About six-in-ten U.S. adults (62 percent) say they favor raising the federal minimum wage to $15 an hour, including 40 percent who strongly back the idea. About four-in-ten (38 percent) say they oppose the proposal, according to a Pew Research Center survey conducted April 5-11.

The Biden administration and many congressional Democrats favor increasing the federal minimum wage to $15 an hour from the current rate of $7.25 an hour, but the proposal’s fate in the Senate is uncertain. Some senators, including several Democrats, support a more modest increase in the wage.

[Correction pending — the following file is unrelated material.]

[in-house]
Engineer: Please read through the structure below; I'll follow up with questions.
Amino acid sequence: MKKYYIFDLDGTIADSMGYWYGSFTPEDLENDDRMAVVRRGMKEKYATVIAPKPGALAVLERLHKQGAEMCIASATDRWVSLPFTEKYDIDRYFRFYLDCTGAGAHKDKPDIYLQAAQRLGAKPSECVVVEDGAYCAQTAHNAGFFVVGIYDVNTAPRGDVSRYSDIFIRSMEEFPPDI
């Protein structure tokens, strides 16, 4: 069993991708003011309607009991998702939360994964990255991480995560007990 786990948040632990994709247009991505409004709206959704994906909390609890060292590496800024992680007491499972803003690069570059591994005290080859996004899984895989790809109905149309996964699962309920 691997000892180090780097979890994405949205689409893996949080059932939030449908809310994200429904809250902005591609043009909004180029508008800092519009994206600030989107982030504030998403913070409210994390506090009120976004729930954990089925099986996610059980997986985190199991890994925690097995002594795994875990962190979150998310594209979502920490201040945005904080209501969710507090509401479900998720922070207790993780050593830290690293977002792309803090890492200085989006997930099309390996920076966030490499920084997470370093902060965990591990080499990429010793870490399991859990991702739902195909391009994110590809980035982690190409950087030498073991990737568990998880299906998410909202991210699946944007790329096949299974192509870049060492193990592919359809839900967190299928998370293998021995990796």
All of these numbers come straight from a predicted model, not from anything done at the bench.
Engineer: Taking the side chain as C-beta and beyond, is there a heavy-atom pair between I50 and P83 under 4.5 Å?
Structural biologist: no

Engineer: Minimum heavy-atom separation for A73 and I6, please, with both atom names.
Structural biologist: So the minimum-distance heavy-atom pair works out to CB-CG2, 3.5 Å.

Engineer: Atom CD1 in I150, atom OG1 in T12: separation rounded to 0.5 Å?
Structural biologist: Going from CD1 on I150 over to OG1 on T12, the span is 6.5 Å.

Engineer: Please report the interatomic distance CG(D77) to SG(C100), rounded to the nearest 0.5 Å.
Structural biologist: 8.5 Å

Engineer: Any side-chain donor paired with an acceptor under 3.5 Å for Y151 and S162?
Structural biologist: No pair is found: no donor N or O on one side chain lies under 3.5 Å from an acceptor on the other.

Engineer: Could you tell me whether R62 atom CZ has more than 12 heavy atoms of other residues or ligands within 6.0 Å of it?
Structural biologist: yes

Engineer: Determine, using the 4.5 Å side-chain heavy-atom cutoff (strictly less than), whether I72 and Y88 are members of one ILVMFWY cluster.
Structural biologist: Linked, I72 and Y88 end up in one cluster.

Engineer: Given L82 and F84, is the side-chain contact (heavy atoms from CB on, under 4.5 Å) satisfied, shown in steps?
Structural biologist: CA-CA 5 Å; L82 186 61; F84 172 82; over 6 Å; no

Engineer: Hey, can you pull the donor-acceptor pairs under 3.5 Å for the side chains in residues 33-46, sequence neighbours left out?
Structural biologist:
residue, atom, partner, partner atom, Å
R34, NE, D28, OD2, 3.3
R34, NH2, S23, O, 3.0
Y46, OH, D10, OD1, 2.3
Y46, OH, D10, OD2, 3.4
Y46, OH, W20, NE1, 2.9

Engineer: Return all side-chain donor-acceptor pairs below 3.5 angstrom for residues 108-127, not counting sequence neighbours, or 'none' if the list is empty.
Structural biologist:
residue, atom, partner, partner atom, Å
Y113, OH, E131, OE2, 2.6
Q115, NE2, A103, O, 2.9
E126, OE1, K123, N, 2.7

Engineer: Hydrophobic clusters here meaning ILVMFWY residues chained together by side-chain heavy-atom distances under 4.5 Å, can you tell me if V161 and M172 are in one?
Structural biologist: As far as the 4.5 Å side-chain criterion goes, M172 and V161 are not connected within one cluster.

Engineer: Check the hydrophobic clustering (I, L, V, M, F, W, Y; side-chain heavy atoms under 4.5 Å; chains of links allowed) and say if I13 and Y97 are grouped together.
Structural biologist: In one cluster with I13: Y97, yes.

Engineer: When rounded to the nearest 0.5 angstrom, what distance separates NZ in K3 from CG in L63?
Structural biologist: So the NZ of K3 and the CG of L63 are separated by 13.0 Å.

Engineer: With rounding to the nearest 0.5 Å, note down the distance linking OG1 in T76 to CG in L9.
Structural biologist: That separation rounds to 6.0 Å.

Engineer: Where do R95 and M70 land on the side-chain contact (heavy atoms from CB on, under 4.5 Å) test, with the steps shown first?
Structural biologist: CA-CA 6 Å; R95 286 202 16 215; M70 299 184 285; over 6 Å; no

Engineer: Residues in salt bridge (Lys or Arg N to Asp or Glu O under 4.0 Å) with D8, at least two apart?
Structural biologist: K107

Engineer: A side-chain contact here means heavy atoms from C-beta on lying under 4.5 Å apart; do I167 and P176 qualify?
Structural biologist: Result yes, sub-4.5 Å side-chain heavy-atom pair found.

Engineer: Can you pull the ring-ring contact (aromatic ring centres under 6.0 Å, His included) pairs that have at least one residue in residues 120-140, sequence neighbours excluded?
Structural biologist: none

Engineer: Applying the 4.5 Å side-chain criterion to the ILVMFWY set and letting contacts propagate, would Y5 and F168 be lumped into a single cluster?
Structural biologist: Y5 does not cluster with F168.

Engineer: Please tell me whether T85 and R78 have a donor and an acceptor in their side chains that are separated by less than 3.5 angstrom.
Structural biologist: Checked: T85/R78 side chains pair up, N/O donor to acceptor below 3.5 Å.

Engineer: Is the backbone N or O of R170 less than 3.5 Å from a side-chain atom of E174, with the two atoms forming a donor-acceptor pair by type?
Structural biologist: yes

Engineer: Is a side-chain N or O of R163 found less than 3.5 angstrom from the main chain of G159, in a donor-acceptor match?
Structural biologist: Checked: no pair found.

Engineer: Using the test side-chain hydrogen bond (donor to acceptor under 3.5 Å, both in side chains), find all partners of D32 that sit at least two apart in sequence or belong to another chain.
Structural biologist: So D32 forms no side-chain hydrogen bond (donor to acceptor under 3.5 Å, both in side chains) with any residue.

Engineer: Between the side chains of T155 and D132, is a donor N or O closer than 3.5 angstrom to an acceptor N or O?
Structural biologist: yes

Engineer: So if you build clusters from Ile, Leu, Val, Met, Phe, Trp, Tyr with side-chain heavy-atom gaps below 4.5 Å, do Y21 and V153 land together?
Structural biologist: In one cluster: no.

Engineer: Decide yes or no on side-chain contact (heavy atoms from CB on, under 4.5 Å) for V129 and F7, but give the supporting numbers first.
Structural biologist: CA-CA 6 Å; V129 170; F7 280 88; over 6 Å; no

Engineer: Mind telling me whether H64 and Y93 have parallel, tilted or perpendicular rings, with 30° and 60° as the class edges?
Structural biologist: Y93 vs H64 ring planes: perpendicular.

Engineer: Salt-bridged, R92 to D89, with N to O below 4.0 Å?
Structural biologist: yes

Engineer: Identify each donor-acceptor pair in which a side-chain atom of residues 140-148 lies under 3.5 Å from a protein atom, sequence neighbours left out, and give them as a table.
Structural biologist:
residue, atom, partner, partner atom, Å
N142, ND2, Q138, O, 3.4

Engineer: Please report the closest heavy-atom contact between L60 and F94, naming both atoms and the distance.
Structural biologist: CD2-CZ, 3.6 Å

Among the public, those who back a $15 minimum wage are fairly divided over how to approach the issue if there is insufficient support in Congress for an increase to that amount this year. A narrow majority of these Americans (54 percent) say leaders should focus on passing an increase to the wage “even if it may be significantly less than $15 an hour,” while 43 percent say the priority should be to work to raise the hourly minimum wage to $15 “even if no increase makes it into law this year.”

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